We got up early to go see the swim to Klein.  Took the dinghy down to Eden beach, and ended up volunteering to be one of the safety boats that stood by to rescue folks who had overestimated their ability to swim that far.  (We were issued bologna sandwiches and T-shirts as official members of the safety squad.)  There were lots of rescues, because a nearby squall kicked up the waves and made the contest pretty miserable for the contestants.  We had pictured just a few extremely fit individuals in the contest, but it turned out that the affair was -- like many of the events of the week -- quite, um, informal.  Many had fins and/or masks and/or snorkels.  There were out-of-shape middle-aged ladies from the cruise ship that was docked at Kralendijk, who, apparently on a whim, and presumably well-aware of the opportunity for rescue, discovered early that they needed help.  There were pre-teen kids out with parents that needed rescue.  There were young men to who made it all the way out and then got cramps on the way back.  One of the dive shop employees -- a young fit man -- told Barb later that he was the last to sign up -- number 461 -- and the last one to finish.  No mask, fins, or snorkel.  Over and back, and very nearly drowned in all the waves.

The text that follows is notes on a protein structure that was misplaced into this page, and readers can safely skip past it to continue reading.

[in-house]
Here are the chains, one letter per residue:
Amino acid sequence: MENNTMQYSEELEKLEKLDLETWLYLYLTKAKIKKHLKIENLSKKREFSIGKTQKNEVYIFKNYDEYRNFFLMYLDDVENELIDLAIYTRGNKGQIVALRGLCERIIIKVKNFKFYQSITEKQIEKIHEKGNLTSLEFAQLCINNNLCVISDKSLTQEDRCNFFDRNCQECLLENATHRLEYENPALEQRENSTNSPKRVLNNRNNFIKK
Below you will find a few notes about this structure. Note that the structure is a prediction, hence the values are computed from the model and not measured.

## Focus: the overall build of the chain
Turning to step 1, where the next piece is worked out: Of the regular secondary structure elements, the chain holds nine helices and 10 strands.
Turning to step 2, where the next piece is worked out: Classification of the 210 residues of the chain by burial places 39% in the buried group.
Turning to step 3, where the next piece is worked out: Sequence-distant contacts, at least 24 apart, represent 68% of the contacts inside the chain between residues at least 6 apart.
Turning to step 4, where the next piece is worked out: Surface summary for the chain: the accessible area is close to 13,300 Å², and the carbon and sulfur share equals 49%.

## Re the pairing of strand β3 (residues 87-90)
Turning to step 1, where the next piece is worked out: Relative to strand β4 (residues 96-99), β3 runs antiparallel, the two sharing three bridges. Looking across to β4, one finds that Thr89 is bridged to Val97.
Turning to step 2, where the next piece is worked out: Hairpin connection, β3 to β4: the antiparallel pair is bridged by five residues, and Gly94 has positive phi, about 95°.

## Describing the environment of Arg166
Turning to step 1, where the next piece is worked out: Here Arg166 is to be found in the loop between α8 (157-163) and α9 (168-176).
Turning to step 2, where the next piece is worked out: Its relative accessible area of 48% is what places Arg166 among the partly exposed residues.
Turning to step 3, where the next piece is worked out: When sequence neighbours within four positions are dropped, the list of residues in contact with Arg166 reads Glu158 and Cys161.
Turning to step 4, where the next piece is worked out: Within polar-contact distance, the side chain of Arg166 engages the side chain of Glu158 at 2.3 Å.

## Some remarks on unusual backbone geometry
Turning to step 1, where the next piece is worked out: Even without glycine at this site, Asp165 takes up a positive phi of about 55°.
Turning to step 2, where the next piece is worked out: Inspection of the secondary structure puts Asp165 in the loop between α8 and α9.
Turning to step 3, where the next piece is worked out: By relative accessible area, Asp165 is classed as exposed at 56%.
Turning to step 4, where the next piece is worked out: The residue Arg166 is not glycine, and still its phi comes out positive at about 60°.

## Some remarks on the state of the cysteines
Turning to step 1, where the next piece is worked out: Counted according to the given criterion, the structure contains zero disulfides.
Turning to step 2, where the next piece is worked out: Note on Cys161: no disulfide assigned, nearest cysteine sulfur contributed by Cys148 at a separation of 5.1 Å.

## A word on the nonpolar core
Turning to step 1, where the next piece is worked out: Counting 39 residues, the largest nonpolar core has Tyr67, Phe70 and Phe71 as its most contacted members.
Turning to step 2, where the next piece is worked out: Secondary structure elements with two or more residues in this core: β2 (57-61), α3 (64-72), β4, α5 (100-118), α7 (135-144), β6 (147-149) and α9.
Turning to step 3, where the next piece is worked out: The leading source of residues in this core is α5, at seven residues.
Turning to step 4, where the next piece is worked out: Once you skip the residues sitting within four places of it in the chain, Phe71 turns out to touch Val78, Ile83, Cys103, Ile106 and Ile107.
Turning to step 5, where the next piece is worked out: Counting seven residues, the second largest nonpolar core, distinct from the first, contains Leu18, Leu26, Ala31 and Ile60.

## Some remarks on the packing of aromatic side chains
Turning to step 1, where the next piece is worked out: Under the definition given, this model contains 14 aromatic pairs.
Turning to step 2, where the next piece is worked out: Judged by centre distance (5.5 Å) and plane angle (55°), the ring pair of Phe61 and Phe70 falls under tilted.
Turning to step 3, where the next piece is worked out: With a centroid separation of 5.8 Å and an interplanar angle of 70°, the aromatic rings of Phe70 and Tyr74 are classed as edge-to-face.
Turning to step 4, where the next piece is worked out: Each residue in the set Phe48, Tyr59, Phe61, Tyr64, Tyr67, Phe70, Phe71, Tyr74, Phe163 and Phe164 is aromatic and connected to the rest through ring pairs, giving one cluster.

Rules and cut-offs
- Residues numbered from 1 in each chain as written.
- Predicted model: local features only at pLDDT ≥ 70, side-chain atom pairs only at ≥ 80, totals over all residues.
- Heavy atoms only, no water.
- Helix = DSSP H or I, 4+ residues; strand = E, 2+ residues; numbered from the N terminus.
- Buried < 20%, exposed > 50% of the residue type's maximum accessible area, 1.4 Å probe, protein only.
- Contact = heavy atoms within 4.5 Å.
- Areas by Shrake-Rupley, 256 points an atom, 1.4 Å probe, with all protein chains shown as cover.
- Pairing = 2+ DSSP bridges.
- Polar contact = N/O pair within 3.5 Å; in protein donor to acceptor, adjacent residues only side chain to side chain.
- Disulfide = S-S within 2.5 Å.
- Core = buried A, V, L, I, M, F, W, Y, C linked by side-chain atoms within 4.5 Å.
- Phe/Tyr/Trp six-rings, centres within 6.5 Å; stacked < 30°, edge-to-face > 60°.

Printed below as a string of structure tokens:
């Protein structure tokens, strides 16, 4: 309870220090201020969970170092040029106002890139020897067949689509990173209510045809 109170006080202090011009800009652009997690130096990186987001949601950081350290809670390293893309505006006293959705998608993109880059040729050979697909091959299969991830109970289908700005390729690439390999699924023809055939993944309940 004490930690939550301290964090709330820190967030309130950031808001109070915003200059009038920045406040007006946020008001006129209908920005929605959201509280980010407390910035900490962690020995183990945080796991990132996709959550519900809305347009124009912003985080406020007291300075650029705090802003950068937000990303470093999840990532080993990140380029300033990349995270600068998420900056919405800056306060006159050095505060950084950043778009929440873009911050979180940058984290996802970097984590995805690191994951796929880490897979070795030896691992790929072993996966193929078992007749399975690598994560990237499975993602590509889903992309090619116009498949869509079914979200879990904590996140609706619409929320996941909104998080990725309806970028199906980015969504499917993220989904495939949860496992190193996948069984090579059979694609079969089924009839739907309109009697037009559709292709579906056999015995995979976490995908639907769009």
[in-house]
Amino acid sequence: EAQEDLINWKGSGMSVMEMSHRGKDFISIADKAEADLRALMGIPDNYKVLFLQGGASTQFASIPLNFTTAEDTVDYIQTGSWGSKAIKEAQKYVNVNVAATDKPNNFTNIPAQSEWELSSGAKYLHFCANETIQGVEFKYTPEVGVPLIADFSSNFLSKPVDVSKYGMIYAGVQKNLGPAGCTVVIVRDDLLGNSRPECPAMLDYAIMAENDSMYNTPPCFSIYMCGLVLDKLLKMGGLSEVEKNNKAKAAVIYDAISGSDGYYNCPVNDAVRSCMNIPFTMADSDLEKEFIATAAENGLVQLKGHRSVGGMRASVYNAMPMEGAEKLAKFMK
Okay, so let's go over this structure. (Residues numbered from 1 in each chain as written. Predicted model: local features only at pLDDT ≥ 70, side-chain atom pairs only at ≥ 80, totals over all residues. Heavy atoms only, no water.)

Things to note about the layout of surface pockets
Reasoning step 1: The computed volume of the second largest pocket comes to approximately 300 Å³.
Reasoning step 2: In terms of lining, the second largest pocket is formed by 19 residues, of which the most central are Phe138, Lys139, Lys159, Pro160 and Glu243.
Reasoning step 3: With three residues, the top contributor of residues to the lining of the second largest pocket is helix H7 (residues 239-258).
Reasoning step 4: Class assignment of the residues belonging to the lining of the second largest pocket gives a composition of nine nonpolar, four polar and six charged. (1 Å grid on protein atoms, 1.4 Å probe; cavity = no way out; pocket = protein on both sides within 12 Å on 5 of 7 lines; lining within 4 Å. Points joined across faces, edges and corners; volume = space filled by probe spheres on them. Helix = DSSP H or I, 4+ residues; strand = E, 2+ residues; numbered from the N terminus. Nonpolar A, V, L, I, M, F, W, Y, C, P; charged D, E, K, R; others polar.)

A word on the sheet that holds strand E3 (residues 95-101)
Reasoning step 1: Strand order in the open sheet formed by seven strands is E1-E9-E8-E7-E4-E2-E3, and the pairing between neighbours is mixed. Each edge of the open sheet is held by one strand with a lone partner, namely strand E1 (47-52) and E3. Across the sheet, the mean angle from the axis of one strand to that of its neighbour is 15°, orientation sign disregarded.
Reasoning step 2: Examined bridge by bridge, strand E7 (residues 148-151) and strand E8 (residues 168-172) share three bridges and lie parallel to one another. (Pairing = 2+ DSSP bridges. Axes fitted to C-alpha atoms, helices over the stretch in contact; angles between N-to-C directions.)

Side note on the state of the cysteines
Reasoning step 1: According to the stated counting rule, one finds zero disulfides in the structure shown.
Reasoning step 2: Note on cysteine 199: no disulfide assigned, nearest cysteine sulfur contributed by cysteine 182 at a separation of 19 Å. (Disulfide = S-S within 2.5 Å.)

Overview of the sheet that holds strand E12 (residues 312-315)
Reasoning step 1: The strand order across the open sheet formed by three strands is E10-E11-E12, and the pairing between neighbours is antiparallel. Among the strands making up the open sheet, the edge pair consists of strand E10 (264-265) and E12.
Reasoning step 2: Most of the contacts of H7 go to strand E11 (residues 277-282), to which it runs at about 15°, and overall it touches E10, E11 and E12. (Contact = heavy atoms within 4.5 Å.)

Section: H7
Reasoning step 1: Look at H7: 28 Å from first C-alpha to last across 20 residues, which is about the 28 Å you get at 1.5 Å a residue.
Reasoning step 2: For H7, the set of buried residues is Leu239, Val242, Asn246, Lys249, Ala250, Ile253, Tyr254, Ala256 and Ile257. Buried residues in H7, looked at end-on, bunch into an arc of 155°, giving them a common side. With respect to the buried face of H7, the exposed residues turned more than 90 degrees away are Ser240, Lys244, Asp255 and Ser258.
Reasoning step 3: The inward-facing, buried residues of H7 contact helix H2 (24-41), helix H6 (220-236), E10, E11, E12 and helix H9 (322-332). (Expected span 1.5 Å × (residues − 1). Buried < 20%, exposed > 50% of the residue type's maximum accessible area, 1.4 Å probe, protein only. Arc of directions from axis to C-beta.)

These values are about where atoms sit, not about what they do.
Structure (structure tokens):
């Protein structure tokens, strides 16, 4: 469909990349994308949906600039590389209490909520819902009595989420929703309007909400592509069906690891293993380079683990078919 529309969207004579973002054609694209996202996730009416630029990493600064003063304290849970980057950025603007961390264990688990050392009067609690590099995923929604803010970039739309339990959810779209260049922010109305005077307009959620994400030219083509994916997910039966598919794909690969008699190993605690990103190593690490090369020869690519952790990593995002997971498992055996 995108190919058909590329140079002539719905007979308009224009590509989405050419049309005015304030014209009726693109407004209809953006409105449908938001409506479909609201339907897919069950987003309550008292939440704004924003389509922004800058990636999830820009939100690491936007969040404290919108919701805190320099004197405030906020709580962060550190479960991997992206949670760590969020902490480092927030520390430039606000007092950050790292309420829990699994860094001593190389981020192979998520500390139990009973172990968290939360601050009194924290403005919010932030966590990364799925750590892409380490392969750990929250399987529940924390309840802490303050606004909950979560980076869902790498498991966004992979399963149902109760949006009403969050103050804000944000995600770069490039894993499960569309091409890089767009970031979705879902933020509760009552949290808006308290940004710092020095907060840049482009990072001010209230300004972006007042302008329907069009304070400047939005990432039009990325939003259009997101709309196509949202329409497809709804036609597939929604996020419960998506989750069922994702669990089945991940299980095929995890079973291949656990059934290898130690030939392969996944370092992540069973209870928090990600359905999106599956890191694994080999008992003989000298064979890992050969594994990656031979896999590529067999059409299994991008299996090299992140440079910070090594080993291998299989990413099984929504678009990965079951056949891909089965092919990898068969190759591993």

We had a couple of great meals at the booths.  A Dutch resident helped us order at an Indonesian booth where everything had a strange name.  In addition to explaining the foods, he mentioned that there are a number of Indonesians living on the island as a consequence of history.  When slavery was abolished, the Dutch turned to their Indonesian colonies for indentured servants to work in the Salt Works.  They have been part of the culture of Bonaire ever since.

Walkathon went right past our mooring

Barb grabbed a few pics of the Flag Parade as they passed

Here is Bonaire ...

... Canada ...

... Norway -- Er han virkelig en typisk nordmann? ...

... Swedes (behind the Norwegians, of course :-) ) ...

... USA ...